The back-alley stabbing attempted here against reality is quite easy to thwart. Study after study by “dispassionate” science shows the very real usefulness of religious faith — or even mere belief — in maintaining healthy attitudes during convalescence, old age, and life’s many trials are too clear to ignore: religion appears to aid, rather than hinder, psychological health. Taken to extremes, religion is as liable as anything to produce imbalance and extravagance, but when properly incorporated, it seems to be factually beneficial. This is, as a materialist will be quick to point out, little or no help in proving the truth-claims of religion, but it does kick a leg from under the claim of the inherent destructiveness of religion to the human mind.

Medically beneficial or not, there is something inherent to the place of religion in the human psyche; rare indeed is the person with no religious impulse at all, and even atheists tend to see something pitiable in a void of any sense of mystery and awe when staring into a starry sky, walking along the ocean’s edge and gazing at its vastness, or listening to the majestic peals of thunder approaching with black clouds in train. Like it or not, this very sense of grandeur and beauty is as “religious” as anything. Those students of religion-as-phenomenon often say that religion is an attempt on the part of the “primitive” mind to understand and participate in this majesty. The religionist might well respond: by the very suchness of things, we will participate in this suchness in any case at all, but only religion permits us to do so consciously, deliberately, and fully. This is the difference between the non-action of the Sage, on one hand, and the blind action of the passion-filled and the inaction of the lazy, on the other.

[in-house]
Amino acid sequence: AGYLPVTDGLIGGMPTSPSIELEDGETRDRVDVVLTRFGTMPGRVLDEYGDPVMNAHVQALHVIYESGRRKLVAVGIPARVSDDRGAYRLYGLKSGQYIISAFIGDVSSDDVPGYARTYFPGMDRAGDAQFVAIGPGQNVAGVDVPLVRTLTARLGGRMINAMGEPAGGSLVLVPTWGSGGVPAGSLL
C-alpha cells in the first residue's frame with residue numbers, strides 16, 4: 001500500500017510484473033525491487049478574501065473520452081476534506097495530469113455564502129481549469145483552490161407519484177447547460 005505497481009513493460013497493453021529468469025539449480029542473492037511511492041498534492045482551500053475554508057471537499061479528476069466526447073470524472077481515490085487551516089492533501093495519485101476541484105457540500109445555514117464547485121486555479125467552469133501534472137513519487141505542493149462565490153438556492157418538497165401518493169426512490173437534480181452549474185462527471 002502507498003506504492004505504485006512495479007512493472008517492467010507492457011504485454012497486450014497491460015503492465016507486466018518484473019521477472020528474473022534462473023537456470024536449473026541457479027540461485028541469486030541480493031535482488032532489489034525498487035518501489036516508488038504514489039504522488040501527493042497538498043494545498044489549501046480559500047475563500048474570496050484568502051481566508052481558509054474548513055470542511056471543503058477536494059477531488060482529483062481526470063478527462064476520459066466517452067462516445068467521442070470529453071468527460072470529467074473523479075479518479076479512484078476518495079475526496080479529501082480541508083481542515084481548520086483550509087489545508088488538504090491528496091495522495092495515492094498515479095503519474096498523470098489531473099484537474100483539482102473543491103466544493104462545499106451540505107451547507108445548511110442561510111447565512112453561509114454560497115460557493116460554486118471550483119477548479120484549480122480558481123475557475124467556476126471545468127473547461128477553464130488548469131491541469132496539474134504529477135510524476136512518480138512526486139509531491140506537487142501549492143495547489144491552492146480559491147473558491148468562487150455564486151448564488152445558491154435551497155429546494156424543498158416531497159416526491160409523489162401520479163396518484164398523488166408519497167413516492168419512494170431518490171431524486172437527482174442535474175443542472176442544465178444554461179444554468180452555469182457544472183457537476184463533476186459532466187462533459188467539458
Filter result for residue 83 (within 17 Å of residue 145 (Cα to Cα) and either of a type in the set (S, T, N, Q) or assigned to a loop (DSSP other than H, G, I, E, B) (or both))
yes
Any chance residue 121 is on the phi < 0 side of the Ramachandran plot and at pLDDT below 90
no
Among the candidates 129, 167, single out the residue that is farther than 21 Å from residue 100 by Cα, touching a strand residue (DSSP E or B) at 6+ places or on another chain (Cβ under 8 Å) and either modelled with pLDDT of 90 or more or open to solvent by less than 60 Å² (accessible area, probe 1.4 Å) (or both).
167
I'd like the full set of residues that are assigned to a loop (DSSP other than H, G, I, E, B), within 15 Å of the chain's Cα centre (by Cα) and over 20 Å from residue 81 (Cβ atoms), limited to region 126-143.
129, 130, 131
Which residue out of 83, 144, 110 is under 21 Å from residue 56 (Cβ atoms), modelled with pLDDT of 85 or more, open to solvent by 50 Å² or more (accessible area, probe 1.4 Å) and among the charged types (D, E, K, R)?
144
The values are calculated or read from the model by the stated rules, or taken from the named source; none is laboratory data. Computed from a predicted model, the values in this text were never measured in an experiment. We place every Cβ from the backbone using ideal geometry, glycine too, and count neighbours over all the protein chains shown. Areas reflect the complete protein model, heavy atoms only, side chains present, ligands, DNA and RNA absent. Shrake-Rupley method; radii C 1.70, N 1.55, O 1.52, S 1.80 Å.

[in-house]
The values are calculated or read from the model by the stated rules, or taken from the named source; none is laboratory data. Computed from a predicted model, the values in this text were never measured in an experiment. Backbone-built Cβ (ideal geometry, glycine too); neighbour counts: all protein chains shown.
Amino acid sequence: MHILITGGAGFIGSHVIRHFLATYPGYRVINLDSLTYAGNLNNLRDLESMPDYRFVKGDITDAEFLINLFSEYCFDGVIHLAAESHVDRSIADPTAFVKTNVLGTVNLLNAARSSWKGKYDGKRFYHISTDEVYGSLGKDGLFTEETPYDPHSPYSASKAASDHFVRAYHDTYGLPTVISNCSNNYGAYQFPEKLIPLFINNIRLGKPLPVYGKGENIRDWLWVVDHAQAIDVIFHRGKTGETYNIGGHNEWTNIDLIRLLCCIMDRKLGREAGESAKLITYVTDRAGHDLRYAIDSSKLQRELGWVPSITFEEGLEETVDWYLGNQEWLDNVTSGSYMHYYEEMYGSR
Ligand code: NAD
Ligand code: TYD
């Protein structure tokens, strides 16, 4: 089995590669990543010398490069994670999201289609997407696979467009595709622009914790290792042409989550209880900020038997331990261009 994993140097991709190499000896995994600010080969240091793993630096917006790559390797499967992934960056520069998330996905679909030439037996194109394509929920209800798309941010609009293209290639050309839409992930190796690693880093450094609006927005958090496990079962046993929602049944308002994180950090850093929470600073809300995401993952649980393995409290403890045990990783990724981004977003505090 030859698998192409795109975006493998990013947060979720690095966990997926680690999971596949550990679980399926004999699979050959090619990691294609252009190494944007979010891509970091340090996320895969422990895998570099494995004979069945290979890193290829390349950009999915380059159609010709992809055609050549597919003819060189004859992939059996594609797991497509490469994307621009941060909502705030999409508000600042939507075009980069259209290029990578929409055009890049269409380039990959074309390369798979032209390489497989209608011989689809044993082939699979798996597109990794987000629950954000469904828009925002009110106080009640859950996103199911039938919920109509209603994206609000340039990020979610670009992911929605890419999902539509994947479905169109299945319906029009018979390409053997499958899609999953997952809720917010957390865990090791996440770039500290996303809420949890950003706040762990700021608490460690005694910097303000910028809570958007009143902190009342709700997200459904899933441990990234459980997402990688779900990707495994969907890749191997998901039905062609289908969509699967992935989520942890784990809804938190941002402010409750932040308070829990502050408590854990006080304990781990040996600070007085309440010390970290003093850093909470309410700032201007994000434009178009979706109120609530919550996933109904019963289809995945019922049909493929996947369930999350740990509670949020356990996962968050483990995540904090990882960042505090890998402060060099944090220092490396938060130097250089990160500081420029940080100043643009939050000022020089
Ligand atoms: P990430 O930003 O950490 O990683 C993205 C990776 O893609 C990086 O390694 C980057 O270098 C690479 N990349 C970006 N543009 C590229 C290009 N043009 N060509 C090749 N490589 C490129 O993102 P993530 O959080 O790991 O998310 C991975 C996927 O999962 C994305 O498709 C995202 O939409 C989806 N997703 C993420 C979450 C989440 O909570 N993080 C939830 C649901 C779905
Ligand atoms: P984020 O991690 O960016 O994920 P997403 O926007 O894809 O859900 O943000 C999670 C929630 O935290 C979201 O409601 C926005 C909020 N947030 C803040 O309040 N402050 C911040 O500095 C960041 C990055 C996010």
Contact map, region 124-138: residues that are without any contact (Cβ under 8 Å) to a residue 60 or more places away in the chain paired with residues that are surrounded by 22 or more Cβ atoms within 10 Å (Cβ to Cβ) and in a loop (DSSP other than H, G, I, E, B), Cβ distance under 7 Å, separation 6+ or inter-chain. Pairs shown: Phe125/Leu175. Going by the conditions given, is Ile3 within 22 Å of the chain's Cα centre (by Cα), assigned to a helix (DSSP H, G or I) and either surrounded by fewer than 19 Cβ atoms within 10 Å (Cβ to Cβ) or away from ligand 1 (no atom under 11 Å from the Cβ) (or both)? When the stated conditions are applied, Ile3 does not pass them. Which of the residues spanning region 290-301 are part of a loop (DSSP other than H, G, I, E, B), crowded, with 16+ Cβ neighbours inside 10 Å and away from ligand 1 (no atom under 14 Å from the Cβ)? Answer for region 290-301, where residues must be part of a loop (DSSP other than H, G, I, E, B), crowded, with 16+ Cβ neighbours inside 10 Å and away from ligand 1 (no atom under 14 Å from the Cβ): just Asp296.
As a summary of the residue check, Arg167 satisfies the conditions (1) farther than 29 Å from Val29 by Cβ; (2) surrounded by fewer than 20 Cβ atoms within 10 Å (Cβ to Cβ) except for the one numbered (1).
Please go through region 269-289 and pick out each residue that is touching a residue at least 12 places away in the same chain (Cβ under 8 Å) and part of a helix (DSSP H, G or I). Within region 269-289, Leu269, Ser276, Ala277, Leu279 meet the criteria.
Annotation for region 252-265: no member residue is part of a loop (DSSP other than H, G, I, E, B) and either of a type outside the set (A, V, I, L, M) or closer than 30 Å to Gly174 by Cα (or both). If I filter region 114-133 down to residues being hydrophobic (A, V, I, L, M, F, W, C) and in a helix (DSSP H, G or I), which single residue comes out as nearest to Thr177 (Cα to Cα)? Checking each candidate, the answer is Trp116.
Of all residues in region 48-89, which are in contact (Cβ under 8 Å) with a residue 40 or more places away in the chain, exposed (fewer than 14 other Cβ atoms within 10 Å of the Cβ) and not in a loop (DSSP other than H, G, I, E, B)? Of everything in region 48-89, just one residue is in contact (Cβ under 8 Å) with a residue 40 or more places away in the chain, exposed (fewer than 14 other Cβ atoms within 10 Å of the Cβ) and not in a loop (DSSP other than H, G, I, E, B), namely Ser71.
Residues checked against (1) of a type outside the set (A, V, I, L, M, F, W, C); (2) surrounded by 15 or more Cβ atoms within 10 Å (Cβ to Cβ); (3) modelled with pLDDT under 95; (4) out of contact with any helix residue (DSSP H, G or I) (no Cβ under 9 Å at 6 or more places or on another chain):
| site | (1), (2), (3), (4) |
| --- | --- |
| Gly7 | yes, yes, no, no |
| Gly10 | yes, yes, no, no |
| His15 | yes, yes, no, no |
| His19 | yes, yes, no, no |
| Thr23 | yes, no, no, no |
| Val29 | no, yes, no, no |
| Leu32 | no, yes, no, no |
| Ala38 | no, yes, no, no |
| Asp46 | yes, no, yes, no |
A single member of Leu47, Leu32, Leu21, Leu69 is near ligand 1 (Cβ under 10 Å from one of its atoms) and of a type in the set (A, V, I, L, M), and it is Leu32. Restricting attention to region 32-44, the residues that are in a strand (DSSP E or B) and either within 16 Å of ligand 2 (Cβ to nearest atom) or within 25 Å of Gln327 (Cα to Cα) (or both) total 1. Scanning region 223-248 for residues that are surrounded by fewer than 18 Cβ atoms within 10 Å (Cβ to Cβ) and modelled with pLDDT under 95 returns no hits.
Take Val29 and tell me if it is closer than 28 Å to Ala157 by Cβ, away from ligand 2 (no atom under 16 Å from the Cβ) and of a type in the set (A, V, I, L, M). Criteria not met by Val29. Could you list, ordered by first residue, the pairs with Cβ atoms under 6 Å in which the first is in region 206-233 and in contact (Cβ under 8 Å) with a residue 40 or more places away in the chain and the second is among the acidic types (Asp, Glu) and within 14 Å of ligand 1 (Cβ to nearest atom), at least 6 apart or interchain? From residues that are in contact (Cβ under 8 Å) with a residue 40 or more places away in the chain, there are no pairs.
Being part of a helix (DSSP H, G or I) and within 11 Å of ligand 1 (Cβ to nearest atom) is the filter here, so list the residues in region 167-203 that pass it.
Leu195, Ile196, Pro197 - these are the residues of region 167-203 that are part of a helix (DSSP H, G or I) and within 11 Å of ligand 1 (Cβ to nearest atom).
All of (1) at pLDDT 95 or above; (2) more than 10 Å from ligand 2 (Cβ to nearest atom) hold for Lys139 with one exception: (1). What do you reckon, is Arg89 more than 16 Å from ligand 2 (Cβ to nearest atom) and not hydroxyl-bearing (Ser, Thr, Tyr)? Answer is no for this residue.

The mistake of the religionist referred to previously is also based in the false separation of religion from “the rest of life.” This separation is absurd. Religion is for humanity, for life, and not the reverse. If it could only meaningfully apply to quiet evenings alone, religion would be no different than watching television (except, perhaps, for the fact that we are socially encouraged to publicly discuss television, but not religion). A saying has it that faith is personal, but not private. Forgiving the inadequacy of a merely personal faith, the saying is useful in that it points to the need to fully live one’s religion without needing to violate the freedom of conscience of those around. In order to fully live one’s faith, one must first have faith to begin with. Faith is an investment of trust in a process, not mere ascent to a set of precepts and abstractions. Insofar as doctrines are necessary, they serve as foundational pointers to the process in which one might place faith, but they do not themselves make up that process. The religious process may begin in one specific arena — say, politics (Confucianism), collective worship (Judaism), or private contemplation (Buddhism) — but it must inevitably bear fruits which spread further seeds upon the soil of every other arena of life. In essence, all religions lead to the unicity of individual life, of collective society, and, eventually, of all existence. “He to whom all things are One, and who draweth all things to One, and seeth all things in One, can be steadfast in heart, and remain peaceable in God.” (The Imitation of Christ, I.3) The error of separation, of division, of dualism is one shared by many among the religious and secular alike, but it is still an error.